On a rural island off the coast of Nicaragua, the landscape seems picturesque at first, with children bicycling along dirt roads that encircle vast fields of sugarcane. Until you start to notice how few men there are on the Nicaraguan island, you might not guess that "La Isla de las Viudas" is one of the many areas in Central America whose population has been devastated over the past two decades by a mysterious kidney disease. This regional epidemic lies at the intersection of a social injustice and a public health crisis, where “Chronic Kidney Disease of Unknown origin” (CKDu) has become more deadly than HIV/AIDS, diabetes, and leukemia combined.
As the name indicates, experts don't really knows what causes the disease, but CKDu has been sweeping through sugarcane fields in Latin American countries such as El Salvador, Nicaragua, and Costa Rica, cutting a large swath in populations of poor manual laborers. The chronic disease attacks the kidneys of its victims, resulting in renal failure and death. Over the past decade this mysterious affliction has taken the lives of more than 20,000 sugarcane workers in the region, leaving thousands of widows struggling to support their families.
In the U.S. kidney failure is usually found among older patients with equal gender distribution. It is often the result of diabetes or hypertension, manageable conditions that can be treated and whose origins are well understood by doctors. The type of kidney failure found in such patients affects the glomerulus – the small units within the kidney that work to filter blood.
In contrast, CKDu is primarily found in males between the ages of 20-40. Generally speaking, the population is not afflicted by diabetes or hypertension, and their disease affects the internal tubules of the kidney, rather than the glomeruli – a condition only found in 3.7% of kidney failures in the U.S. These unique factors of CKDu among impoverished sugarcane laborers have lead doctors to hypothesize about specific working conditions that may be causing the regional epidemic of kidney failure.
Photo by Mette Nielson
Most research indicates that toxin exposure, chronic dehydration, and heat stress may be central factors in the disease’s onset. Workers toil for hours in extremely hot conditions with little access to fresh water, experiencing dehydration often on a daily basis. A recently published report revealed that these laborers routinely work in conditions that exceed the recommended heat standards of the U.S. Occupational Safety and Health Administration. And sugarcane laborers in the six countries affected by CKDu are not paid hourly or daily wages; their income is based upon how much they harvest. This incentivizes many laborers to work past the limits of their physical health in an area where temperatures have been steadily rising since the 1980s. South American sugar corporations have been tight-lipped on the issue. They have been highly resistant to allowing health researchers to study their businesses in fear that CKDu will be classified as an occupational illness. The sugar companies deny that their production methods are in any way connected to the rise of the epidemic among its workers, but they often provide a food stipend to the widows and families of deceased sugar laborers that can be revoked if the family speaks up to spread awareness about or protest the epidemic.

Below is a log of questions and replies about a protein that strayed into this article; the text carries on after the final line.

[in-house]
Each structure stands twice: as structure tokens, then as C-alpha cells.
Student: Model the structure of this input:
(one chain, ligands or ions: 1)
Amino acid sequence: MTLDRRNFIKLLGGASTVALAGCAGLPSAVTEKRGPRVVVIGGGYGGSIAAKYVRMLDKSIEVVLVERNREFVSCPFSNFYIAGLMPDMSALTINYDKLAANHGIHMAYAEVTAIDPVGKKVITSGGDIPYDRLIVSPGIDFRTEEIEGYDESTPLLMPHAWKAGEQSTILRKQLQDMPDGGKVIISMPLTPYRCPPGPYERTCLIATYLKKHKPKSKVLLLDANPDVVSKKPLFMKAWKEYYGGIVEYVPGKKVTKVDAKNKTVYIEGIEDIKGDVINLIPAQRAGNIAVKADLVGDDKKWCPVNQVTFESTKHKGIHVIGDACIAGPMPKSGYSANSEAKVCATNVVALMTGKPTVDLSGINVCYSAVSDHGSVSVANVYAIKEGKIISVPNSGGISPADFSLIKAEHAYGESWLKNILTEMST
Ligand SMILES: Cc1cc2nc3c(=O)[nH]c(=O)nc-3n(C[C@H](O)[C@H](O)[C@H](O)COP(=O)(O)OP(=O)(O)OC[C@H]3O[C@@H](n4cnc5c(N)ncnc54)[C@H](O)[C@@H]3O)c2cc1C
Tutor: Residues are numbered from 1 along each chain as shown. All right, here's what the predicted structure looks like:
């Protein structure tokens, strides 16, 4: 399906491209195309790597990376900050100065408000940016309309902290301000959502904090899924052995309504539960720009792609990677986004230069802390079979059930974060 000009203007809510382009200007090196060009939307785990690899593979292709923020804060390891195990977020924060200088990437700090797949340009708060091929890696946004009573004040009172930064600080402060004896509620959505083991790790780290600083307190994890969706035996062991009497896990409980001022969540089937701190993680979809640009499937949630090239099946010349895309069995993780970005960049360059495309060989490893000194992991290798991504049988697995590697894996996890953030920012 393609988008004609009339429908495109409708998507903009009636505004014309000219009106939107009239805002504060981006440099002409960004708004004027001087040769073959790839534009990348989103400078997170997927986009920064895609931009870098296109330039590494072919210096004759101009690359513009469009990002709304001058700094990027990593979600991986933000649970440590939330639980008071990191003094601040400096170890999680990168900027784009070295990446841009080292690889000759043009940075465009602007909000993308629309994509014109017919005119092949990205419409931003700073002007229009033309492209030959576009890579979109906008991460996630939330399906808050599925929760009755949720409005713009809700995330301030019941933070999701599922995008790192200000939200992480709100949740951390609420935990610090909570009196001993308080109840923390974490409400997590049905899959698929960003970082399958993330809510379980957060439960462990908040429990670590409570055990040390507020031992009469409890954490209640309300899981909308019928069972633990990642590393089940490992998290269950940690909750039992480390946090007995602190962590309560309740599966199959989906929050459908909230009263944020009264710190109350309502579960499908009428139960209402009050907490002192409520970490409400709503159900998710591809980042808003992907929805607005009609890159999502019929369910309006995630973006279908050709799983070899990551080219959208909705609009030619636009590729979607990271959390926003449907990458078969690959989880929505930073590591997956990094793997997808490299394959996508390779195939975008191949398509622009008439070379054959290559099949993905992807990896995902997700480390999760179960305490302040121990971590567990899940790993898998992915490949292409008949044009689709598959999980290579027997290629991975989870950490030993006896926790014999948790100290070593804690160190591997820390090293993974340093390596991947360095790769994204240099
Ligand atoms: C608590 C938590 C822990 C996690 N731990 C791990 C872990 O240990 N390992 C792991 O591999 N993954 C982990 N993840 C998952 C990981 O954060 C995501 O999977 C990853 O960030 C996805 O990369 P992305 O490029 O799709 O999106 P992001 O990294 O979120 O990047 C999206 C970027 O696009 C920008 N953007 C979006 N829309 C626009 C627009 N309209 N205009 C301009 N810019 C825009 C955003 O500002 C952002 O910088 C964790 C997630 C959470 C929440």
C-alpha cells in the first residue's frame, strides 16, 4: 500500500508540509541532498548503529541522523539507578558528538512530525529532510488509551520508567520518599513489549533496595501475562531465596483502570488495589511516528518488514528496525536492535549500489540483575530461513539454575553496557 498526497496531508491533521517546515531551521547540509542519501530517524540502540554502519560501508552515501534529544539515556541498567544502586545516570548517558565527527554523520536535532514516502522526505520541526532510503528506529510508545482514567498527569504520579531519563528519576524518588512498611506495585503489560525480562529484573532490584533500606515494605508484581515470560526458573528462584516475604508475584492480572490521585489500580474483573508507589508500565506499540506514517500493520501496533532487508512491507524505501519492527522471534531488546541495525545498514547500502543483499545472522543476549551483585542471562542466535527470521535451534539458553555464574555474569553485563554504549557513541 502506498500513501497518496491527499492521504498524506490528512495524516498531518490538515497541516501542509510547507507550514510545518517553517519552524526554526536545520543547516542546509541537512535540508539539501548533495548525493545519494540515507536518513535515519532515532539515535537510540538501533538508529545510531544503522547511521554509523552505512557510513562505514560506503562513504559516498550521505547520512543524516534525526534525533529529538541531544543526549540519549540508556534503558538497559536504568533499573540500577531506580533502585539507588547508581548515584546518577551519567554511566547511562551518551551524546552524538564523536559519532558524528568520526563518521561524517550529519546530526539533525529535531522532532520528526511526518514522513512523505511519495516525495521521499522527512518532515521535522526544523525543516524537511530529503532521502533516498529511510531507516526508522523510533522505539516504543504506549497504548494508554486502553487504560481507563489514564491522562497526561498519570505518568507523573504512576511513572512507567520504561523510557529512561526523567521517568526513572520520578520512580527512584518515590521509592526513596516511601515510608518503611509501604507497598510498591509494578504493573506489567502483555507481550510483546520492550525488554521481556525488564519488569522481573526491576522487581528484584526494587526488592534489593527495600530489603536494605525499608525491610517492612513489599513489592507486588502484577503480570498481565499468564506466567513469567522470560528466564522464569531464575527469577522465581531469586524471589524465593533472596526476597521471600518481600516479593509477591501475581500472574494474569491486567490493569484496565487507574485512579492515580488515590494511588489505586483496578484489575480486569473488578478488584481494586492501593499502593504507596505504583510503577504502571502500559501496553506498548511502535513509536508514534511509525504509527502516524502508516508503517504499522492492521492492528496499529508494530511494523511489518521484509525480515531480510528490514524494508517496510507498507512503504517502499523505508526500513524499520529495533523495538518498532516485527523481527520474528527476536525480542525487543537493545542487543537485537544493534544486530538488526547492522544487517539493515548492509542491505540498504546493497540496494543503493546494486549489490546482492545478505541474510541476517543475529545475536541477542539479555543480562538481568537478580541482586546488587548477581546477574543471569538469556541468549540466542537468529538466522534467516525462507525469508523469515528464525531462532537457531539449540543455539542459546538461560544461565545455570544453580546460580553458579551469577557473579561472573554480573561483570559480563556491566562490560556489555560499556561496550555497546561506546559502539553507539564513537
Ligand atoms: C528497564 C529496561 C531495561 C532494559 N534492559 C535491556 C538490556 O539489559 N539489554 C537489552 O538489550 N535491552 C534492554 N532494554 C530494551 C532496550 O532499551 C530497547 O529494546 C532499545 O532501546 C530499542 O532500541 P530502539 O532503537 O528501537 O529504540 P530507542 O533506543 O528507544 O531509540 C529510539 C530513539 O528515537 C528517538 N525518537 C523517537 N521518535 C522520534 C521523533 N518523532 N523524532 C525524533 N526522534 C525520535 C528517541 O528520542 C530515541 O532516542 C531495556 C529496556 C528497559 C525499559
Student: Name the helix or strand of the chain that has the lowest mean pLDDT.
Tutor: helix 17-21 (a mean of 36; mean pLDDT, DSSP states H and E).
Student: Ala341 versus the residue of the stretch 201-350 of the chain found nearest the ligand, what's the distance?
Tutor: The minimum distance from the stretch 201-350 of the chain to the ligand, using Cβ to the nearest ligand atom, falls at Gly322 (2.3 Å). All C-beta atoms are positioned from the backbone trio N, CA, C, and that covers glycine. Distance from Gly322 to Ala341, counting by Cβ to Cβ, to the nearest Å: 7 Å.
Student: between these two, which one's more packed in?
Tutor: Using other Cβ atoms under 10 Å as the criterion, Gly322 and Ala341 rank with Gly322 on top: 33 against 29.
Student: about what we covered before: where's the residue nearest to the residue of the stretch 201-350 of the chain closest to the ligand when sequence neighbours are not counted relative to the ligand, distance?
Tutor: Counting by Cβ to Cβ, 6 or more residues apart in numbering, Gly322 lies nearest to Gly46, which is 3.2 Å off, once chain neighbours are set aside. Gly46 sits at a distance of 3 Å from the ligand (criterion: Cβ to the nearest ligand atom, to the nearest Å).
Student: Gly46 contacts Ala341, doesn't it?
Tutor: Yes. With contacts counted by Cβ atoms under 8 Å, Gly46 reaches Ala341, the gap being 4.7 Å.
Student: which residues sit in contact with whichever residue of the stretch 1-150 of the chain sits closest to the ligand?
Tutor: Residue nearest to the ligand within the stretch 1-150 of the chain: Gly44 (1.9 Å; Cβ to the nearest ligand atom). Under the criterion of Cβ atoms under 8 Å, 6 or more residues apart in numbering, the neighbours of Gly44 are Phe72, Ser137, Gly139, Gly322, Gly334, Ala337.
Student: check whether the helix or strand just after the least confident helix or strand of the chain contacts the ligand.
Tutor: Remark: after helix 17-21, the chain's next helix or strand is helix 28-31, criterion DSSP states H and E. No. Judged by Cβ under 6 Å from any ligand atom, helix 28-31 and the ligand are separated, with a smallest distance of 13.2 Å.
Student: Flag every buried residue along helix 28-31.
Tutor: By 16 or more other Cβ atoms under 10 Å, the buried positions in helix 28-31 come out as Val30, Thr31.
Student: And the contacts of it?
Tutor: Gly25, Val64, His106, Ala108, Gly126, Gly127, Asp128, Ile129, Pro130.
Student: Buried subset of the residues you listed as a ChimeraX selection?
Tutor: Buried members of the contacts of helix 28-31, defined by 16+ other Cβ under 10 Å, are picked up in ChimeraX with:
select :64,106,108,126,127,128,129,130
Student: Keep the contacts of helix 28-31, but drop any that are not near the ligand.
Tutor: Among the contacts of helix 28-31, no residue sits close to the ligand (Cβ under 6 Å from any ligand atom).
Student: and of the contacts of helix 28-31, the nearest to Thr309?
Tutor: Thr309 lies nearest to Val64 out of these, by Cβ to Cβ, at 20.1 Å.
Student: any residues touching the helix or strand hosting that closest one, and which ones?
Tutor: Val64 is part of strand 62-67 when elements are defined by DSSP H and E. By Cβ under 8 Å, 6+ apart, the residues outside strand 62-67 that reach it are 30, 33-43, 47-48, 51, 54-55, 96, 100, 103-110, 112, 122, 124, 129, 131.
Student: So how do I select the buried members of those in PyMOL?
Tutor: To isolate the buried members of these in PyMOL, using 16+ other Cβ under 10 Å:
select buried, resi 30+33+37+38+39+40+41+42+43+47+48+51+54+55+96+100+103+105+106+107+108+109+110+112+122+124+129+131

Two of the largest sugar companies in Nicaragua now regularly test the blood of their workers to measure creatinine levels, an indicator of kidney failure. This seems like a positive step for sugar companies to take in the interest of their workers – except workers who have high creatinine levels are then dismissed from their jobs. The sugar companies posit that this is necessary to prevent the workers’ health from further diminishing in the sugarcane fields, but it also cuts workers off from receiving care at company hospitals. It also eliminates their eligibility for company pensions, pushing them further into poverty and disease.
In an industry dominated by a multi-billion dollar demand for sugar-derived biofuels, the plight of sugarcane field workers are frequently omitted from any official reports, stifling public awareness of the epidemic. People in high income countries sweeten their morning coffees with South American sugar, largely unaware that the average lifespan of the workers who harvest that sugar has fallen to a mere 49 years. Meanwhile on the Island of Widows, where 1 in 3 men are in the final stages of renal failure, families continue to decorate their tables and countertops with framed photos of their deceased husbands and fathers.
By João Henrique Rosa (Own work) [GFDL (http://www.gnu.org/copyleft/fdl.html)
Sources: http://www.huffingtonpost.com/entry/epidemic-climate-change_56210714e4b069b4e1fbb8c0; http://www.publicintegrity.org/2011/12/12/7578/thousands-sugar-cane-workers-die-wealthy-nations-stall-solutions; http://www.icij.org/project/island-widows/project-methodology-island-widows